Market Intelligence
January 24, 2024

CES 2024: A Look at the Technologies Driving Semiconductor Demand image

Fusion Worldwide attended the annual Consumer Electronics Show (CES) in Las Vegas, Nevada. CES is a prominent stage for traditional and non-traditional tech companies to unveil the latest innovations in consumer electronics.

Attendees include manufacturers, developers, and suppliers of consumer hardware, content, technology delivery systems, and more. As our team connected with new and existing customers during the event, we learned about the interesting technologies that are anticipated to make waves in 2024.


Here they are: 

The Future of AI is Moving to the Edge 

CES attracts various electronic component supply chain businesses and represents a truly global view into the manufacturers and companies behind the applications that power innovation in the tech industry. While 'All On' was the theme of CES this year to encompass all technologies showcased at the event, artificial intelligence stole the show.  

Edge AI was a hot topic this year thanks to its ability to bridge the gap between traditional cloud AI and the real world, effectively extending digital transformation practices that connect people and technology. Semiconductor companies like Analog Devices, Infineon, NXP, and Qualcomm have already identified edge AI as the next frontier and are actively working on deploying their applications. Some benefits of edge AI are higher speeds, lower bandwidth requirements and costs, improved security, and more efficient power consumption. 

In addition, AI has also come a long way in terms of safety applications. Whether vehicle features that watch the driver to see if they're falling asleep or advanced security cameras that detect threats faster than the human eye, CES showed that artificial intelligence may redefine how we think about safety and technology.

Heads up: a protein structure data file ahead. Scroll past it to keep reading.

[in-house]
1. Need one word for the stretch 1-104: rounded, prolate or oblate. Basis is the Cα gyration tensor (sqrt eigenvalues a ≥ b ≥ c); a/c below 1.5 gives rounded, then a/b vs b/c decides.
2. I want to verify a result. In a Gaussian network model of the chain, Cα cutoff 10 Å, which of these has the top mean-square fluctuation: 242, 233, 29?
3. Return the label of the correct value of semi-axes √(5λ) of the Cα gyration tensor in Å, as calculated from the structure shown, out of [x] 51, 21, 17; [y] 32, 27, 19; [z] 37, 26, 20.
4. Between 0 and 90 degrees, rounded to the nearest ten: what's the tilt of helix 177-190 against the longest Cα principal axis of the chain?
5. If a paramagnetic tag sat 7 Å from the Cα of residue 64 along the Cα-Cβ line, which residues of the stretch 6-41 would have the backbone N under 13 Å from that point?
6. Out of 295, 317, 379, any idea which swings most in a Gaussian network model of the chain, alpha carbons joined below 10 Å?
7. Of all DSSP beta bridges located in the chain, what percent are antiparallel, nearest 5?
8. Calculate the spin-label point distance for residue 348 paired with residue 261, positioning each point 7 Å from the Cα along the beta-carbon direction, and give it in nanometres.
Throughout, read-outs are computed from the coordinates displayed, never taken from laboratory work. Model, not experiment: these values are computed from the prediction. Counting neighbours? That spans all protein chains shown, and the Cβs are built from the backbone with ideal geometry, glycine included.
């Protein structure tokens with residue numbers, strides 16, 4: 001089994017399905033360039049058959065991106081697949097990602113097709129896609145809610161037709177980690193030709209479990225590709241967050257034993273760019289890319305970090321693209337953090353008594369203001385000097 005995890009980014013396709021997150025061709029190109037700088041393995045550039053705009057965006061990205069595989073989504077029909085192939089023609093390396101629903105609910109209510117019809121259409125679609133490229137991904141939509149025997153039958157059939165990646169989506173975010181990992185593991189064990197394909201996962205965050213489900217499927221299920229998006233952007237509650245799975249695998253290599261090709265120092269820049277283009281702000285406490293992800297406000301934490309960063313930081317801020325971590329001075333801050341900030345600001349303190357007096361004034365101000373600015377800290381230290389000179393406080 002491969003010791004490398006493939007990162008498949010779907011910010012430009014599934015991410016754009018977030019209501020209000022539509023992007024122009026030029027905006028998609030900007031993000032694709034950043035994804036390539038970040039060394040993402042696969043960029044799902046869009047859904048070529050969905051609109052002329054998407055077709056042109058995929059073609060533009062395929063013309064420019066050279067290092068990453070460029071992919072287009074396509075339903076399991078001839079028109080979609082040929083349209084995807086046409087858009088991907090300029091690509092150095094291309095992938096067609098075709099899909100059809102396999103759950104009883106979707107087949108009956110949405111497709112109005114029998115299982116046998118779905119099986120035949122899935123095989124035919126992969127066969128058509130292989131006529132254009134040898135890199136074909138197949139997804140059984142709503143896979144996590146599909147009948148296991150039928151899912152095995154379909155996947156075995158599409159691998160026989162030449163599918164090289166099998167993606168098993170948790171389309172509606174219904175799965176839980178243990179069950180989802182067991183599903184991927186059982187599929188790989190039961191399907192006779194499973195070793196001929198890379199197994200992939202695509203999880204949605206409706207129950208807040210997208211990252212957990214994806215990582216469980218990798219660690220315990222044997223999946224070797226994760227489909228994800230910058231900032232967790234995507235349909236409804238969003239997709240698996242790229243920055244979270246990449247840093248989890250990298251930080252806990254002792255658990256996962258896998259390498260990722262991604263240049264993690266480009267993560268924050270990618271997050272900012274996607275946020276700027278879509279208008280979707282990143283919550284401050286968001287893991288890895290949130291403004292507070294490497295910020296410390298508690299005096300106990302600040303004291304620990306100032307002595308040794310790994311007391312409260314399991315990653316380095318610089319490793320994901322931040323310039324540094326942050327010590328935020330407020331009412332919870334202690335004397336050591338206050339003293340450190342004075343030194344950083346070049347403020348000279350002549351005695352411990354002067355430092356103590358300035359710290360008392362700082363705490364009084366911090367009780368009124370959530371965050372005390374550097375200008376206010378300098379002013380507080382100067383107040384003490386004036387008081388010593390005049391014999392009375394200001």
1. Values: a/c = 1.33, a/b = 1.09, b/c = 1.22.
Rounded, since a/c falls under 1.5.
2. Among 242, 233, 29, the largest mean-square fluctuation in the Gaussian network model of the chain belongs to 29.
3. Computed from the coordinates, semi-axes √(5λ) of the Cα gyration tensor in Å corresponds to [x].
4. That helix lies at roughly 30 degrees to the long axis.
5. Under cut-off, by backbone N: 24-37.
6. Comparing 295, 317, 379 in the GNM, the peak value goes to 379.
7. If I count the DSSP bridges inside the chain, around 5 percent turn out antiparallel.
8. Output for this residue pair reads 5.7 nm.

The Power of Immersive Technology 

The latest and greatest monitors always make a splash at CES, especially since they interest consumer and gaming industries alike. Organic light-emitting diode (OLED) monitors and audio sound were the focus of both industries. Samsung and LG debuted transparent TVs, with LG's product boasting a 77-inch OLED display while Samsung demonstrated its Micro LED displays. While these may be the future of screens, cost constraints for the near future will likely delay these products from becoming more mainstream. 

However, the innovations on display at CES were broad and varied this year. A persistent topic was immersive technology, as AR and VR glasses were available for visitors to test. Voy Glasses showed off VR headsets with adjustable lenses, enabling users who wear glasses to enjoy the VR experience fully. Some VR products even overlayed virtual reality on top of actual reality, effectively melding the virtual world with the real world. 


IoT Revolutionizes Home Automation

Smart home devices were also a significant point of discussion as the technology progresses to create streamlined designs that effortlessly adapt to the home. The Internet of Things (IoT) acts as the central nervous system of a home, connecting everything through cloud-based computing or internet-connected applications. While the IoT use cases on display at CES were for practical applications, like home security systems, temperature control, and lighting, there were also some fun examples of the technology, like robot dogs. As smart home tech continues to develop, innovations like these will be key to making these applications more of a mainstream reality.